Virginia, County Cavan
Achadh an Iúir
|• Total||49.77 km2 (19.22 sq mi)|
|Elevation||113 m (371 ft)|
|• Density||46/km2 (120/sq mi)|
|Time zone||WET (UTC+0)|
|• Summer (DST)||IST (WEST) (UTC-1)|
|Irish grid reference||N604876|
Virginia is the fifth largest town in County Cavan, Ireland. It was founded at Aghanure (Irish: Achadh an Iúir, meaning "field of the yew") during the Plantation of Ulster and was named Virginia after Queen Elizabeth I of England. The population is 2,282 (as of 2011).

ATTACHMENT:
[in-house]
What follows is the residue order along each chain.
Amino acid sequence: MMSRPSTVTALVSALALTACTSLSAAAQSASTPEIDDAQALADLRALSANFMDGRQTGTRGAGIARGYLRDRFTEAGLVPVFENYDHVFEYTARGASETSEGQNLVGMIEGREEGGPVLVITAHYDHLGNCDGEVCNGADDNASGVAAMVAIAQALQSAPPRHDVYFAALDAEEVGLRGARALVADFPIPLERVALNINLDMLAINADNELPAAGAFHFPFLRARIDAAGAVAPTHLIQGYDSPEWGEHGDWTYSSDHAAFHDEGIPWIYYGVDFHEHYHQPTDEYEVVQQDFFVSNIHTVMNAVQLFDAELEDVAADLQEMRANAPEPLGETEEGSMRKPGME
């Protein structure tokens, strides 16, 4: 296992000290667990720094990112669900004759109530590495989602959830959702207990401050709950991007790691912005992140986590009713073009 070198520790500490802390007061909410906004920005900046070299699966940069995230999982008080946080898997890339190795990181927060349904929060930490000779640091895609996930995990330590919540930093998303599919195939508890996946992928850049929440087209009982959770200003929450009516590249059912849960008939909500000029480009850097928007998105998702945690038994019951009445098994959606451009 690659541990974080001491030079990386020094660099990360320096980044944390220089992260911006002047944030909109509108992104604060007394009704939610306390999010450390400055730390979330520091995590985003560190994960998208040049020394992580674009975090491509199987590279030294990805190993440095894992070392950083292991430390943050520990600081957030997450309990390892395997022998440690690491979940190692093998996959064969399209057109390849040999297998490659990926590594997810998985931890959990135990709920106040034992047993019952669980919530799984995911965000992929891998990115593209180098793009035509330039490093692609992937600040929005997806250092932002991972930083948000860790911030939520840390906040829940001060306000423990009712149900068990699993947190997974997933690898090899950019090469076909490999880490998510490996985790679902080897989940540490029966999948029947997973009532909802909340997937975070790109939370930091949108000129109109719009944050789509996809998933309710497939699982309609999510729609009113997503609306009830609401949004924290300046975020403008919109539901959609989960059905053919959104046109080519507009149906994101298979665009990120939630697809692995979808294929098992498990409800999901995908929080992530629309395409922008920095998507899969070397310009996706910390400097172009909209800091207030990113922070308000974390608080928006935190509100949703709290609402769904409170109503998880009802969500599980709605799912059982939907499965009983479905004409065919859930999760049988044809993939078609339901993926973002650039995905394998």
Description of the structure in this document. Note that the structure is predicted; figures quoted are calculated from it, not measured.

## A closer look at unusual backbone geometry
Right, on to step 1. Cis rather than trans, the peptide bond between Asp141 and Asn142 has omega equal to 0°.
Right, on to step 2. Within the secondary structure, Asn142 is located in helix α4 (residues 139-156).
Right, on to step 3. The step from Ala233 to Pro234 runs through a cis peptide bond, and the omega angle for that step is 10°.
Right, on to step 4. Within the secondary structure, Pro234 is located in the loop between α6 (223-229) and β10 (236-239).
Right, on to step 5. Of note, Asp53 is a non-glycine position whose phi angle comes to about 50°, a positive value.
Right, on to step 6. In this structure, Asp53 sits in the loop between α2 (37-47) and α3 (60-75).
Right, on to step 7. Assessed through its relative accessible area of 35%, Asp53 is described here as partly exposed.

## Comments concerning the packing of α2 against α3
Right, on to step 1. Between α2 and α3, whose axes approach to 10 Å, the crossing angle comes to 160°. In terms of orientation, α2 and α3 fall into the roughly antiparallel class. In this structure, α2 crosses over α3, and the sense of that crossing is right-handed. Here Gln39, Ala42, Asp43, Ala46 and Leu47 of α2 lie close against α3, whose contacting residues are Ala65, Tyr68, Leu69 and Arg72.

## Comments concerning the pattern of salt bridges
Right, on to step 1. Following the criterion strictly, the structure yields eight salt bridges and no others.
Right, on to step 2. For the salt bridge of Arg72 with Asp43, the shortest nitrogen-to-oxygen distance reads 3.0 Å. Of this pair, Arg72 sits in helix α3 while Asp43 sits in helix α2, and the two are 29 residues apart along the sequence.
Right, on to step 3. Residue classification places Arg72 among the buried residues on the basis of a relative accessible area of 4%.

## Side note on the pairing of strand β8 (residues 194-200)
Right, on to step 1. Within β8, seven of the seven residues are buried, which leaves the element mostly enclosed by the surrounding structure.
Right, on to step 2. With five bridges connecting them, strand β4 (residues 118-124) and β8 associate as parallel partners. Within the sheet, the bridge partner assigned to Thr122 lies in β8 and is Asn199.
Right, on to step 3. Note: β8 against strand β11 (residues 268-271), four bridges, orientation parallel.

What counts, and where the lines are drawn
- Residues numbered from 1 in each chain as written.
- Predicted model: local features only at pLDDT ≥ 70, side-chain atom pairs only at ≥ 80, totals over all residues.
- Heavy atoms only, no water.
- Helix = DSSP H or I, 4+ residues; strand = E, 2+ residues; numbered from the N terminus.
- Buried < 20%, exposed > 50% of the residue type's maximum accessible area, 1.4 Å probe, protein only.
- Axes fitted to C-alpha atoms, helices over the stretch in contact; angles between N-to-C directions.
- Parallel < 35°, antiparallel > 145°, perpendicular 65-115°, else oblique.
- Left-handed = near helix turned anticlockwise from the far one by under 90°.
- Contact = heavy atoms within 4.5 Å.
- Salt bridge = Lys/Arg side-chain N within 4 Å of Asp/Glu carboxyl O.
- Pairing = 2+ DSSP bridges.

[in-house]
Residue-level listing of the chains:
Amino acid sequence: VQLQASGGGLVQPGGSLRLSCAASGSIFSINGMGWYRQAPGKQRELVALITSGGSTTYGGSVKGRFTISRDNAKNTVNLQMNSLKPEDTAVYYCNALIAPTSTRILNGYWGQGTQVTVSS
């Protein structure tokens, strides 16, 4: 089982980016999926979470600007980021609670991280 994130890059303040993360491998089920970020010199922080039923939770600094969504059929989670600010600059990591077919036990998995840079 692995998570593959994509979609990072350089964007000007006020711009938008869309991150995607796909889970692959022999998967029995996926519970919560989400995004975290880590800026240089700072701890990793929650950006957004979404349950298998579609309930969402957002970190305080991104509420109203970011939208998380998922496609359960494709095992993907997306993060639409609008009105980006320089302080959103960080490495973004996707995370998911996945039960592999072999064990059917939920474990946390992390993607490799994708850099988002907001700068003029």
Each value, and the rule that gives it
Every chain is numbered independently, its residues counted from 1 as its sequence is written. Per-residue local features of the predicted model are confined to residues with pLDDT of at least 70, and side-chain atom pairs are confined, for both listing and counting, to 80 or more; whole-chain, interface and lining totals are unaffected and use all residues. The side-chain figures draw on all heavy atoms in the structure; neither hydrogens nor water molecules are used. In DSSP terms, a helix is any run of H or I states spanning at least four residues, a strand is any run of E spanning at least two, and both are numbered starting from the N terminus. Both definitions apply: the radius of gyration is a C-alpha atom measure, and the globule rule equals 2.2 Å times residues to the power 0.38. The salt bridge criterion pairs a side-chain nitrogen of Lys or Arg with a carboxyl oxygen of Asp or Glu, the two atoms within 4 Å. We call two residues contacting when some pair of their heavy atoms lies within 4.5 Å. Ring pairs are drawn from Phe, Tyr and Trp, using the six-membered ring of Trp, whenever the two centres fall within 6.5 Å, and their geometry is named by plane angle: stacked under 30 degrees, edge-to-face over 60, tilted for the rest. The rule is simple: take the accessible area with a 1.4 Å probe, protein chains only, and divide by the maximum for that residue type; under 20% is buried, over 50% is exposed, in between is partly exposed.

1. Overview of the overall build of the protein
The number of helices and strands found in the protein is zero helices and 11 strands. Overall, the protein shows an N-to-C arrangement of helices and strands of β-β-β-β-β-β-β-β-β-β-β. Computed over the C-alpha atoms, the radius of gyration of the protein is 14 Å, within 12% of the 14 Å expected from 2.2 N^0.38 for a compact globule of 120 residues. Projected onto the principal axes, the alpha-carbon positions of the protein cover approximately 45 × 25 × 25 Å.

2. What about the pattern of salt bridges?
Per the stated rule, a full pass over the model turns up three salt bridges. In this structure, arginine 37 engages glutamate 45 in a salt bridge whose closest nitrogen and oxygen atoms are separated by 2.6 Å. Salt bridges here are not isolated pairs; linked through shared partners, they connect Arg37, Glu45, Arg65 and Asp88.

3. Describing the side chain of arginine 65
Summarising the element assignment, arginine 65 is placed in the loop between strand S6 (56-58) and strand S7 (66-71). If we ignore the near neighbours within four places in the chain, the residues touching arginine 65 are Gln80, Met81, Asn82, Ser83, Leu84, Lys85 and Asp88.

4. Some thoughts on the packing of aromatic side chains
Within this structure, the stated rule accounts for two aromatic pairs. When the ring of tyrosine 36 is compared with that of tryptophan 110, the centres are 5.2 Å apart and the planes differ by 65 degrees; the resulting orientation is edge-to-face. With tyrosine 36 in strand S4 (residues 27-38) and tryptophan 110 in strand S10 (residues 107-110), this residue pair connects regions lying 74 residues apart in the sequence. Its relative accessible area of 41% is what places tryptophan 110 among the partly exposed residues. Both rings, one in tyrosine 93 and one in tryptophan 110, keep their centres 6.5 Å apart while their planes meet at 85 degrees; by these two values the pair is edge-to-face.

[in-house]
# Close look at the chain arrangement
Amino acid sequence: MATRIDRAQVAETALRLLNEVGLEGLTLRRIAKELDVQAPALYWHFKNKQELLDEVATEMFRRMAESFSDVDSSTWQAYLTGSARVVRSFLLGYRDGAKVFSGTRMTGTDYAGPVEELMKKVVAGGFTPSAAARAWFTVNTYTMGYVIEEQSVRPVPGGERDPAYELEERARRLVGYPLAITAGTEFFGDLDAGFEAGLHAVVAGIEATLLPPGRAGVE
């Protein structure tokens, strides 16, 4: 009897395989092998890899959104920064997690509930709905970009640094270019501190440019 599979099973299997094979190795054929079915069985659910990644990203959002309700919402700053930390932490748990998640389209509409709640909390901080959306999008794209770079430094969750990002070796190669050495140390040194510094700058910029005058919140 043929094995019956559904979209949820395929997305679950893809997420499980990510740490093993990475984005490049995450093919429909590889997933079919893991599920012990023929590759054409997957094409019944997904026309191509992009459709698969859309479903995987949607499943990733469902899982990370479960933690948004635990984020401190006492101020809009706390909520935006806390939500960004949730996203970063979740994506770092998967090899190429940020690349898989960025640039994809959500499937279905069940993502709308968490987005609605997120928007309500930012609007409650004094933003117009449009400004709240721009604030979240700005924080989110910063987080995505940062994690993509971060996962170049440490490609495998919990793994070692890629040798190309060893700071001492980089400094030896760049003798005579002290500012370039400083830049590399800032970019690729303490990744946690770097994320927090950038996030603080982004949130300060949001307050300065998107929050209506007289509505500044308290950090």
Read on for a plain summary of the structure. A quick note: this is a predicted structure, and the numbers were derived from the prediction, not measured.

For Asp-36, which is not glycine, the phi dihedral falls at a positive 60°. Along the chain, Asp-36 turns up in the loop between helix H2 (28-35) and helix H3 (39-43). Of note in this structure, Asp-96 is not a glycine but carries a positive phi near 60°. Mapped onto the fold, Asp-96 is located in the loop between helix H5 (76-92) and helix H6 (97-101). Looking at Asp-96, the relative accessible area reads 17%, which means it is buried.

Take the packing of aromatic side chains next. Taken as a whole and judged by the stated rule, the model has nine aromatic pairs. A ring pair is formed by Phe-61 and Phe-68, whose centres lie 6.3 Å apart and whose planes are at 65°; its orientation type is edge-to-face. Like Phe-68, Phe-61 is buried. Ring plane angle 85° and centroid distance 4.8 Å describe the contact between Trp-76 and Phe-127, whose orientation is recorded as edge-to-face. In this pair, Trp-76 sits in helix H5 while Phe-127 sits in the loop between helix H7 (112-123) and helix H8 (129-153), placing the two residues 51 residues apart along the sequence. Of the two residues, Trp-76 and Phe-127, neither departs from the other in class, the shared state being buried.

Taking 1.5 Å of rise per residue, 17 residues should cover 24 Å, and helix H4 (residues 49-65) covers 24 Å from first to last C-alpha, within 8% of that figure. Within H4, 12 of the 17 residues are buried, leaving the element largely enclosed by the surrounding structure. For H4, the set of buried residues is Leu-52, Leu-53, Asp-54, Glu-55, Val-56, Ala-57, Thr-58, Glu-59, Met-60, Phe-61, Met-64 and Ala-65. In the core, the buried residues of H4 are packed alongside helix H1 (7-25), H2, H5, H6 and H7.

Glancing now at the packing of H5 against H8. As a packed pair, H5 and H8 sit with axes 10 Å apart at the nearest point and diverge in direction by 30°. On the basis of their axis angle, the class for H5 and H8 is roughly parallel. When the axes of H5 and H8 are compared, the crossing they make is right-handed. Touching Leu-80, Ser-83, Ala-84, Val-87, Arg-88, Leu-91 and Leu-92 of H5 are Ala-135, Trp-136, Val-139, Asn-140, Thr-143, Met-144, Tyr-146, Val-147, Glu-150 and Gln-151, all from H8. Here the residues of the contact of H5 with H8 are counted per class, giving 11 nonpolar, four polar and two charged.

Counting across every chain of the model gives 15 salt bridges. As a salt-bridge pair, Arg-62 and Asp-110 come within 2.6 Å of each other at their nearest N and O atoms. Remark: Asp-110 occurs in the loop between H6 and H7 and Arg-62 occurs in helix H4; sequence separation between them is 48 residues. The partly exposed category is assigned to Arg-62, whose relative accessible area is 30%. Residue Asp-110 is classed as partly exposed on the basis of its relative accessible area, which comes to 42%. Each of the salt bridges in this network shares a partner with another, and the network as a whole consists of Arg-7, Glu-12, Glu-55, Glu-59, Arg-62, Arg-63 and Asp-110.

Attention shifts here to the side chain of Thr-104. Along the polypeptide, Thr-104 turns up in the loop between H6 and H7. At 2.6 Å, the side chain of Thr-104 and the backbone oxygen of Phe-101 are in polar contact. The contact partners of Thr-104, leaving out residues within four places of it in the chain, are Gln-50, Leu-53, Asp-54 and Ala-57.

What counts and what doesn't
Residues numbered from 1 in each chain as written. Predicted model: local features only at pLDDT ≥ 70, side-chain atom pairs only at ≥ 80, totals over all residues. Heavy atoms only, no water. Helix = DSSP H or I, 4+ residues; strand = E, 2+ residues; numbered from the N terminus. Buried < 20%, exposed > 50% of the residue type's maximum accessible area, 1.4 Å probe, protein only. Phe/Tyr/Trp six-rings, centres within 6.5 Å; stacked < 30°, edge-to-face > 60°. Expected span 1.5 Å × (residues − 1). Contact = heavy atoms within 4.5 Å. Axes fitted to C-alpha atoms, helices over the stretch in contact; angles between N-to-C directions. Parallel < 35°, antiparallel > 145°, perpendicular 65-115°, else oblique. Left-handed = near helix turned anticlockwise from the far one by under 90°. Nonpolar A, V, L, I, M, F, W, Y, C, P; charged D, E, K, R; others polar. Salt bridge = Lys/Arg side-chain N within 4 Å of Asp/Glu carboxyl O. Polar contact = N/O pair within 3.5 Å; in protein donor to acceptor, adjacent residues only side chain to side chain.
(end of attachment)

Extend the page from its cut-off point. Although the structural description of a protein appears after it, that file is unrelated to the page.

Situated close to Lough Ramor, Virginia is on the N3 route approximately 85 km northwest of Dublin, where once it was a strategic staging and rest point for the coaches plying between Enniskillen and Dublin. In more recent times, Virginia is connected to the capital by an hourly bus service from Cavan town Bus Éireann. Regarded these days as a commuter town with its proximity to larger trading towns east and west, the local industry consists mainly of farming and milk processing at the local Glanbia factory, (formerly Virginia Milk Products) which produces skim milk powder and cream for the world renowned brand Baileys Irish Cream liqueur. Other local manufacturers include the Fleetwood brand of paint products. Virginia won the Irish Tidy Towns Competition in 1964 and 1965. It is also home to the popular annual Virginia Agricultural Show for over seventy years and more recently Ireland's only Pumpkin Festival.